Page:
benny

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Now that I am by age declar’d
As redundant, a number added to
List of senior citizens do I think
Myself rusticated? Not so much as
A panjandrum left to rust.

Now that I turned irreverent age
Keep indifferent rhythms,-
Sleep is not dreaming;
Nor is eating any indulgence:
‘Keep your bowels moving
And hold plenty of greens to eat
I’m advised by abundant caution:
That speaks for my lot.

Now that I turned irreverent age,
I may well analyse my Past:
What do I of these ashes make,-
Best intentions put to cinder?
Sad fate of Lot left with a Pillar of salt?

Now that I turned irreverent age
Don’t for a moment think, I care.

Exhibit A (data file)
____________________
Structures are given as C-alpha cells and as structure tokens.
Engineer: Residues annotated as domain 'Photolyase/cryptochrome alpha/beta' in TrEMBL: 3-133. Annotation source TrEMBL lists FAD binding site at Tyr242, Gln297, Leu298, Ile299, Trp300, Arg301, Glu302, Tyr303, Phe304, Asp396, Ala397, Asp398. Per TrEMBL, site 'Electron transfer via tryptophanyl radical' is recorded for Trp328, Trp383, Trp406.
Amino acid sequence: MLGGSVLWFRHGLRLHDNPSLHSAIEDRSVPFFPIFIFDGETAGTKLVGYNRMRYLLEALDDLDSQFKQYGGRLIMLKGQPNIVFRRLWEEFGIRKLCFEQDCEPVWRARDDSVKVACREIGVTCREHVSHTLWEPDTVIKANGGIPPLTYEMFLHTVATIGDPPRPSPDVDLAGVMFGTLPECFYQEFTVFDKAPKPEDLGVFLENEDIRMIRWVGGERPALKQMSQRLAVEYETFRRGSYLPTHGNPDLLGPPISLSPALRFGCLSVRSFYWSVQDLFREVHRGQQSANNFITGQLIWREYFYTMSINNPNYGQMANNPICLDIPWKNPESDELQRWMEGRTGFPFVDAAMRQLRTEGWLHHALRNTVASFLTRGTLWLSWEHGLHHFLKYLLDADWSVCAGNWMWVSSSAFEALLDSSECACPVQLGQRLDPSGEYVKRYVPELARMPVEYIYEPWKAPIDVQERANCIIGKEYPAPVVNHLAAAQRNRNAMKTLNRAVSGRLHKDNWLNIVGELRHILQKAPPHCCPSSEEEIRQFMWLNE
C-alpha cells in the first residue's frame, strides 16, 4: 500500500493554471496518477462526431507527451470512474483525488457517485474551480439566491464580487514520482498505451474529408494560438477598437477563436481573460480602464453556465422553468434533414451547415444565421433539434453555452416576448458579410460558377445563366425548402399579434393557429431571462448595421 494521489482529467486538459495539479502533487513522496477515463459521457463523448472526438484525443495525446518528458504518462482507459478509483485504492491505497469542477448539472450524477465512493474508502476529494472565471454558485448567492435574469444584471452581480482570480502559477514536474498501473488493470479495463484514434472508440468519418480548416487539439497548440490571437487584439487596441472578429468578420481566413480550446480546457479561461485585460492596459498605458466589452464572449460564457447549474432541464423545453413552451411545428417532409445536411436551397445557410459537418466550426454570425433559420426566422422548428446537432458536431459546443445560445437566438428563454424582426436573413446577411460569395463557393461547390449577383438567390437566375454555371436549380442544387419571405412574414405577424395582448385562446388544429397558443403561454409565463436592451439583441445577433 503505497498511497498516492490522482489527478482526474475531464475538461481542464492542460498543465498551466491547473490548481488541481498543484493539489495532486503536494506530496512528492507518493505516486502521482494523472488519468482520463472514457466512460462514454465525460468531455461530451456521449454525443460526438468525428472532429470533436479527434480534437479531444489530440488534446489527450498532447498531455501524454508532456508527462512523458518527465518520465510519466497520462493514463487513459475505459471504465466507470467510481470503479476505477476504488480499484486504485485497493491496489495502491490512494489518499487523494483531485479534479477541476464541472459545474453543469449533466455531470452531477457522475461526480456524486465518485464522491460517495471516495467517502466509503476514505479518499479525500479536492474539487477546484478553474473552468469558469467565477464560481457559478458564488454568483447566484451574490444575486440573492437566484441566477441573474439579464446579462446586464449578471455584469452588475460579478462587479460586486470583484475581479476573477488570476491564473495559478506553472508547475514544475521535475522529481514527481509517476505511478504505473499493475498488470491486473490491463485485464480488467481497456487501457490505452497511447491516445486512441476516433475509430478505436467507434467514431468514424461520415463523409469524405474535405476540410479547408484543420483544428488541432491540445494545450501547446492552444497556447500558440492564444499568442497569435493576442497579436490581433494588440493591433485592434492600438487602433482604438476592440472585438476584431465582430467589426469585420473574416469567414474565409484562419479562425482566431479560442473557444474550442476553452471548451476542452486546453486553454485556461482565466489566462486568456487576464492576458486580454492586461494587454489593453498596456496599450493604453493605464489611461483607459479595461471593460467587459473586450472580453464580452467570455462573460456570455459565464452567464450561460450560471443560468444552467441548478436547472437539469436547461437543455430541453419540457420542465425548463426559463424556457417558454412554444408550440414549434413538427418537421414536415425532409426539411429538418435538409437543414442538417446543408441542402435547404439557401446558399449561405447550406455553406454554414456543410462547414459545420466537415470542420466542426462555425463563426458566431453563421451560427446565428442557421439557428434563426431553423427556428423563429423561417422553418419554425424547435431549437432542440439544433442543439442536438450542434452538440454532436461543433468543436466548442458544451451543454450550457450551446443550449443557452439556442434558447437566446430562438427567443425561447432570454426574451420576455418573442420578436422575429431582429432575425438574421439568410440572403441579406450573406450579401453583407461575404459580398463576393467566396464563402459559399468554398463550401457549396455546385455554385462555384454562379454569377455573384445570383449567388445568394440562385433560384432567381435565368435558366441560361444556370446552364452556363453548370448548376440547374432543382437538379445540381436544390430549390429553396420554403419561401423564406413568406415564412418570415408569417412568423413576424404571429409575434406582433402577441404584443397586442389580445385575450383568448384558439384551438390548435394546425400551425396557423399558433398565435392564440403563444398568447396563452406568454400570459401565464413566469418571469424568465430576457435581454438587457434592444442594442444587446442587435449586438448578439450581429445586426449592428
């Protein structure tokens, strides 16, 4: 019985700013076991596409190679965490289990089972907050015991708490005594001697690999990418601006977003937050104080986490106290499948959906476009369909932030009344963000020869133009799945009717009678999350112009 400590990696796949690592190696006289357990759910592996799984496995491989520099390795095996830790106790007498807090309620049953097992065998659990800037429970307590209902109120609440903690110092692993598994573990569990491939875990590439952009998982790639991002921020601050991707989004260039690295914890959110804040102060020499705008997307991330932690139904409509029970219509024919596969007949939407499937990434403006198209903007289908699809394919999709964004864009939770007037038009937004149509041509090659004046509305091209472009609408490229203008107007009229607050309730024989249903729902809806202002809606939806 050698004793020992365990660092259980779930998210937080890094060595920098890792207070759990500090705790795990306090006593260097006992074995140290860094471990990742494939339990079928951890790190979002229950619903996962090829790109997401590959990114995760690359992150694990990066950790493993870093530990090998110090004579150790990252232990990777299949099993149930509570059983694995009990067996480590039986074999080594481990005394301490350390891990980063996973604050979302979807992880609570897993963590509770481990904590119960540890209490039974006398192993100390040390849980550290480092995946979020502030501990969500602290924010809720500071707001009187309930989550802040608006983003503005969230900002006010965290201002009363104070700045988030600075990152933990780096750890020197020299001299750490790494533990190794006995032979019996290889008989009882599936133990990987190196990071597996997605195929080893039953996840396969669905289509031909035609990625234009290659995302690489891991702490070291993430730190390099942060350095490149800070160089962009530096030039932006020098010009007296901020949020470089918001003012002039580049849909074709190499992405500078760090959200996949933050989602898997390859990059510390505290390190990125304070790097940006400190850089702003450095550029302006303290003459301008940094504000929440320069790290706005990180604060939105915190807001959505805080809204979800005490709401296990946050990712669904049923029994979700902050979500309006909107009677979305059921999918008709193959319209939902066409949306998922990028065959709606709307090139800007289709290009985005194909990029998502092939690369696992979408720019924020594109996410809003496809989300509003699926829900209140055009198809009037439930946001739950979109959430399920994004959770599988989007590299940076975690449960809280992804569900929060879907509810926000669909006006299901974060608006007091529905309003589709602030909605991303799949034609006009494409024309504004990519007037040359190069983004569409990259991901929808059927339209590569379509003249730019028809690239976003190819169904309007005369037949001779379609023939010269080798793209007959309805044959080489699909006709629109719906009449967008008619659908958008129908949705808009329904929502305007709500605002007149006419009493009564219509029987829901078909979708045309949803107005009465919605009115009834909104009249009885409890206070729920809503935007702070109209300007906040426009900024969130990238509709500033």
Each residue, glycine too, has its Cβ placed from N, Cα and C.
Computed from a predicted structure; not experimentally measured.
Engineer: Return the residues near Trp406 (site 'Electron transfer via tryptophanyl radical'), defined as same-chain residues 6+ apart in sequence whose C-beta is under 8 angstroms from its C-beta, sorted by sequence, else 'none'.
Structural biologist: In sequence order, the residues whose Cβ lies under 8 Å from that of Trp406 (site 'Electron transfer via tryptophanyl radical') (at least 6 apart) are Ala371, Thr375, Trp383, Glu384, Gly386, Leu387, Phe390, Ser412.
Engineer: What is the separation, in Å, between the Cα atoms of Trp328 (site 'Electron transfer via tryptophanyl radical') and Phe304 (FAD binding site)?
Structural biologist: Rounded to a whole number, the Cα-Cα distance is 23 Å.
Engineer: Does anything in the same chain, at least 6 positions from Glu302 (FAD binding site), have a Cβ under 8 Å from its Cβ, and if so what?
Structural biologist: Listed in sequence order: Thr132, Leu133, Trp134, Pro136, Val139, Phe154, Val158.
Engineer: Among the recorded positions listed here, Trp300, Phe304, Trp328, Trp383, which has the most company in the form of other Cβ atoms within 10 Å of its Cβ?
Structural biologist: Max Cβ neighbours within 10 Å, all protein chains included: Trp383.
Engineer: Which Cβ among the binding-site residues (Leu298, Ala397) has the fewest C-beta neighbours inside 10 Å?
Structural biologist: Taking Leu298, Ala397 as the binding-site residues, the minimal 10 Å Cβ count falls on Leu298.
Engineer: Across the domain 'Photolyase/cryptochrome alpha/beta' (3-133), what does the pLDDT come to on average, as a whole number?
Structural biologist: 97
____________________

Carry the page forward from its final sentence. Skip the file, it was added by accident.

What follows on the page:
benny

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A Cruel Joke 

Nothing cheers up folks as Old Ichabod
Who has no fixed abode.
He doesn’t live here or there
But everywhere folks watch out
For a sight of Old Ichabod.

We have care and tear of living
On the edge without satisfaction;
Make us laugh, no matter what.
Sight of you is an unction.

Nothing cheers up folks as Old Ichabod
Who is set in ways very odd;
He is gaunt and in much want.
So much was plain, and death came
Without notice to Old Ichabod.

Old folks and infants passing
The pauper’s last resting place
Took that as a cruel joke:
‘There was none to take his place.’
benny
12-25-06